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“Christmas Joy Without Piety”: The Most Humble Holy Day

I once told a favorite pastor of mine that I liked him because he wasn’t too pious.

As soon as the words were out there, I wondered if I should have just kept my mouth shut — I’m not good at that — since he might have found my compliment offensive. After all, many priests aspire to being pious, which can be defined as “devoutly religious” or “prayerful.” This would seem to be part of a cleric’s job description.

But this priest ratified my original intuition by saying thanks. He knew I had in mind the other definition of pious, “making a hypocritical display of virtue.” I am always skeptical of those who present themselves as very holy and righteous. Their lack of humility blinds them to the sins that should matter to us most — our own.

The other thing about my priest friend is that he is a very cheerful man and thus never went in for the deadly seriousness that some pious people use as a battering ram against fun, laughter and joy. If religious faith isn’t about joy, there’s no point to it.

You can make the case that Christmas is the religious holiday best suited for those who are skeptical of piety. If you put aside television ads for BMWs and the like, it’s the most humble holy day and the one closest to where people live. It’s astonishing to have a religious celebration of God as a helpless child. The idea of God being self-effacing enough to enter such a state is revolutionary. And, yes, babies are incapable of piety.

Or consider “Go Tell It on the Mountain,” my favorite Christmas song. It was discovered and perhaps partly written by John Wesley Work Jr., the son of a slave and the earliest African-American collector of spirituals and folk songs who spent much of his professional life at Fisk University. The song embodies a joyous demand, much as a movement makes demands on its loyalists. One lyric tells us: “Down in a lowly manger our humble Christ was born.” Three things about this: The manger is lowly, Jesus is humble, and (in most versions, at least) he’s “our” Christ. Power and affection flow both ways.

Christmas also inspires a certain theological humility, or it ought to. The birth story appears in only two of the four Gospels, and the tellings are different. Luke describes the shepherds, the angels and the manger while Matthew introduces the wise men, who go to a home, not a manger.

That popular devotion merges the two narratives together should not offend us. It’s important to learn from what the theologian Harvey Cox calls “people’s religion” and to examine not only “what is written, preached or taught,” but also “the actual impact of a religious idea on people.” Cox is hard on his fellow liberals who look down condescendingly upon the religious faith of those whose side they usually take in social struggles. “Those who support justice for the poor cannot spit on their devotions,” he wrote acidly in his book “The Seduction of the Spirit.”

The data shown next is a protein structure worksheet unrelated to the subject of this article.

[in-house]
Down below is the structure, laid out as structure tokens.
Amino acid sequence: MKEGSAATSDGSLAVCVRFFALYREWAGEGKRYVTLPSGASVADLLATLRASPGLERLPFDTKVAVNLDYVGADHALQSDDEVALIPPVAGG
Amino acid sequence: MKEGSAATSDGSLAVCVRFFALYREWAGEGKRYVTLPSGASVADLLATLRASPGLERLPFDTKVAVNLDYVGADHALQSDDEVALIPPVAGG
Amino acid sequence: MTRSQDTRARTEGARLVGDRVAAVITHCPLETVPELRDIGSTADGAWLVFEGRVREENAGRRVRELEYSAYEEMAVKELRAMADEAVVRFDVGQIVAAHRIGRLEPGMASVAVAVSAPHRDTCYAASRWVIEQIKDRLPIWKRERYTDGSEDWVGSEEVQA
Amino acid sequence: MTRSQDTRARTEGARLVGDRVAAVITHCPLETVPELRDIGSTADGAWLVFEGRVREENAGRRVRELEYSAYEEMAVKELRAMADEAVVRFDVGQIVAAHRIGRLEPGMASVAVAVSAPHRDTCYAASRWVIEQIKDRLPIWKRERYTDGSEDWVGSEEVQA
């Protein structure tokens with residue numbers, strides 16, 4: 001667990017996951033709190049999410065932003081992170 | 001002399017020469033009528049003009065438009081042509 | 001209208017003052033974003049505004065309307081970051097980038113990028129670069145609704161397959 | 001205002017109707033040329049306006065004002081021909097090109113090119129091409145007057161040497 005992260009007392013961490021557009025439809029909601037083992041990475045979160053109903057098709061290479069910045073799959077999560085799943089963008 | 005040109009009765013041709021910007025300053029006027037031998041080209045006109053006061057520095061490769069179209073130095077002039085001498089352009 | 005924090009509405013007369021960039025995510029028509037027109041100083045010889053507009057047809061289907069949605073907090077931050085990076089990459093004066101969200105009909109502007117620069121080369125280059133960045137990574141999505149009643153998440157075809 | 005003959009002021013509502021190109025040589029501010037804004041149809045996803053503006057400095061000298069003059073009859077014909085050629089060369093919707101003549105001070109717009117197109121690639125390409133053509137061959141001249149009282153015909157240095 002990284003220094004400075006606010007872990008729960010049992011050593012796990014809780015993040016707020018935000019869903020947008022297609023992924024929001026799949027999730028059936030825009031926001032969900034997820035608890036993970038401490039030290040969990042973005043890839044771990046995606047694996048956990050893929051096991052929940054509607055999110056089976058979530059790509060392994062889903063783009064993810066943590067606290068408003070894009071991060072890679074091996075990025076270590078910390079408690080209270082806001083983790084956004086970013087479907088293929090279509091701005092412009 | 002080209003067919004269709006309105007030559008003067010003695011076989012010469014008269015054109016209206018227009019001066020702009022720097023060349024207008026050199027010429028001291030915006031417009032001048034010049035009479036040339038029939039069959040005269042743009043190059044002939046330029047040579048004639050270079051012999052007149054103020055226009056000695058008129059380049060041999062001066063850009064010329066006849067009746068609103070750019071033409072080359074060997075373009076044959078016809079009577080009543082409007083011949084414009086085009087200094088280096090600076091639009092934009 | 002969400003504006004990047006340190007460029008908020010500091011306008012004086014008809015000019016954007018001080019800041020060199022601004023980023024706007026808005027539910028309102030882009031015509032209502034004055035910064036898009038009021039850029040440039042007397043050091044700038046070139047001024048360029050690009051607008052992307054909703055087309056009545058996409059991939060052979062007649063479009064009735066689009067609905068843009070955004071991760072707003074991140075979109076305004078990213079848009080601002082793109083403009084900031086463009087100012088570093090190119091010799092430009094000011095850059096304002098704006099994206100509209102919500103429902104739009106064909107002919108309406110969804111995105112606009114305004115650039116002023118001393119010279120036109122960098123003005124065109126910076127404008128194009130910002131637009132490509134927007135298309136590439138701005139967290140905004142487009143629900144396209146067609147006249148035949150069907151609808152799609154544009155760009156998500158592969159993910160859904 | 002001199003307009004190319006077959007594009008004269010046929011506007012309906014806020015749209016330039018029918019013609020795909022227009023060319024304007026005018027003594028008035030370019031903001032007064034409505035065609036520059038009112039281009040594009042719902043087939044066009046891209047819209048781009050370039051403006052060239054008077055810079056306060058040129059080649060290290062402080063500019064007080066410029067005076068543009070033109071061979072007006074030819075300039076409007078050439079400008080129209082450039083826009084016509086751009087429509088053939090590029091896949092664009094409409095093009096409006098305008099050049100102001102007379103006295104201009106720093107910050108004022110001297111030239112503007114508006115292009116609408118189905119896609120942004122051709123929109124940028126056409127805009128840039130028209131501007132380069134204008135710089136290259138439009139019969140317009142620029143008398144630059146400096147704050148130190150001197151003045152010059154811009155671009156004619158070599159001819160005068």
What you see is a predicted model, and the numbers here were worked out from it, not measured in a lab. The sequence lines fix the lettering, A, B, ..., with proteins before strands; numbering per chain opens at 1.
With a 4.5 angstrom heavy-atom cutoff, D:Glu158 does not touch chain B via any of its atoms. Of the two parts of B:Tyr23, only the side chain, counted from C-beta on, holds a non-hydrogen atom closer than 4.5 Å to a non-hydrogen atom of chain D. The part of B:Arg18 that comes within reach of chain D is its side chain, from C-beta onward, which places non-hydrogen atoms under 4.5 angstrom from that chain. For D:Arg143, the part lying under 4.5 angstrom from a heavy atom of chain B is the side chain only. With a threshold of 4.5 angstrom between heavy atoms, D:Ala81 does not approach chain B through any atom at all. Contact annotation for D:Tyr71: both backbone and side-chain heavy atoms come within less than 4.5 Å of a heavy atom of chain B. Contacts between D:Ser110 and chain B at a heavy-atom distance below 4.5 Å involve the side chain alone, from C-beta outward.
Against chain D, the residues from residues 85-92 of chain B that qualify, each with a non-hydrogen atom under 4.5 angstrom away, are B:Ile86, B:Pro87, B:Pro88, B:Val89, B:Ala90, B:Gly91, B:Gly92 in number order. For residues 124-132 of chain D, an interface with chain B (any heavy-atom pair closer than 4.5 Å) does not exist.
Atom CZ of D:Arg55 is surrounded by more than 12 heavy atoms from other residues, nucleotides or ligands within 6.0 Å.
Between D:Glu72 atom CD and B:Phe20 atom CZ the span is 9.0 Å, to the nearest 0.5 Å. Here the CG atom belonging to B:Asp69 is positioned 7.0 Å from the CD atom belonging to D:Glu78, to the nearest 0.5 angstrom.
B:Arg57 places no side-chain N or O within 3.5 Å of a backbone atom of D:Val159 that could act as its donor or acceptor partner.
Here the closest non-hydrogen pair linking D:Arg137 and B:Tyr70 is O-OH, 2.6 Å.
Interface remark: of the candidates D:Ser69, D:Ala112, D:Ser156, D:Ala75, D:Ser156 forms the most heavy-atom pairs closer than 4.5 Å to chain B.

In fact, more than any other religious holiday, the widespread celebration of Christmas arose from popular demand. The holiday has been highly controversial within Christianity and celebrating it was once illegal in New England. The Puritans had some decent arguments that the day was a form of idolatry and paganism that could be traced back to ancient Rome and had little scriptural support. The pious Puritans also didn’t much like all the raucous revelry its celebration entailed. It was not until 1870 that President Ulysses Grant declared Christmas a federal holiday.

Might it quell the kerfuffle around the “Christmas wars” if we acknowledged that the original war on Christmas was waged by very devout Christians? Of course not, because the controversy is about politics and television ratings, not religion.

Still, I cannot go with those who simply see Christmas as a winter solstice celebration under another name. There is a radical intuition about God in that manger (even if it’s only in one Gospel). And nearly every Christmas story comes back to liberation and salvation, compassion and the quest for second chances. That’s true of Dickens’ tale about Ebenezer Scrooge, it’s true of It’s a Wonderful Life, and it’s true of the lyrics of “Good King Wenceslas” (“Ye who will now bless the poor/Shall yourselves find blessing”).

And if this sounds a little pious, please forgive me. After all, it’s Christmas.

 

By: E. J. Dionne, Jr., Opinion Writer, The Washington Post, December 24, 2014

December 25, 2014 Posted by | Christianity, Christmas, Religion | , , , , , , | Leave a comment

“He Was Awfully Busy Last Time”: In Early Polling, God Remains Undecided On Pick For 2016 GOP Nominee

Had you asked me which of the 20 or so potential Republican presidential candidates would be first to claim that his candidacy was endorsed by God himself, I would have said Ben Carson, who has the necessary combination of deep religious faith and self-aggrandizing nuttiness. And today we learn that while the creator of the universe is still mulling his options, he’s not exactly giving Carson a no:

In an interview on Thursday with Pat Robertson’s Christian Broadcasting Network, Carson said he felt the hand of the Lord pushing him toward the White House.

“Has He grabbed you by the collar yet?” host David Brody asked.

“I feel fingers,” Carson said. “But, um, you know… It’s mostly me.”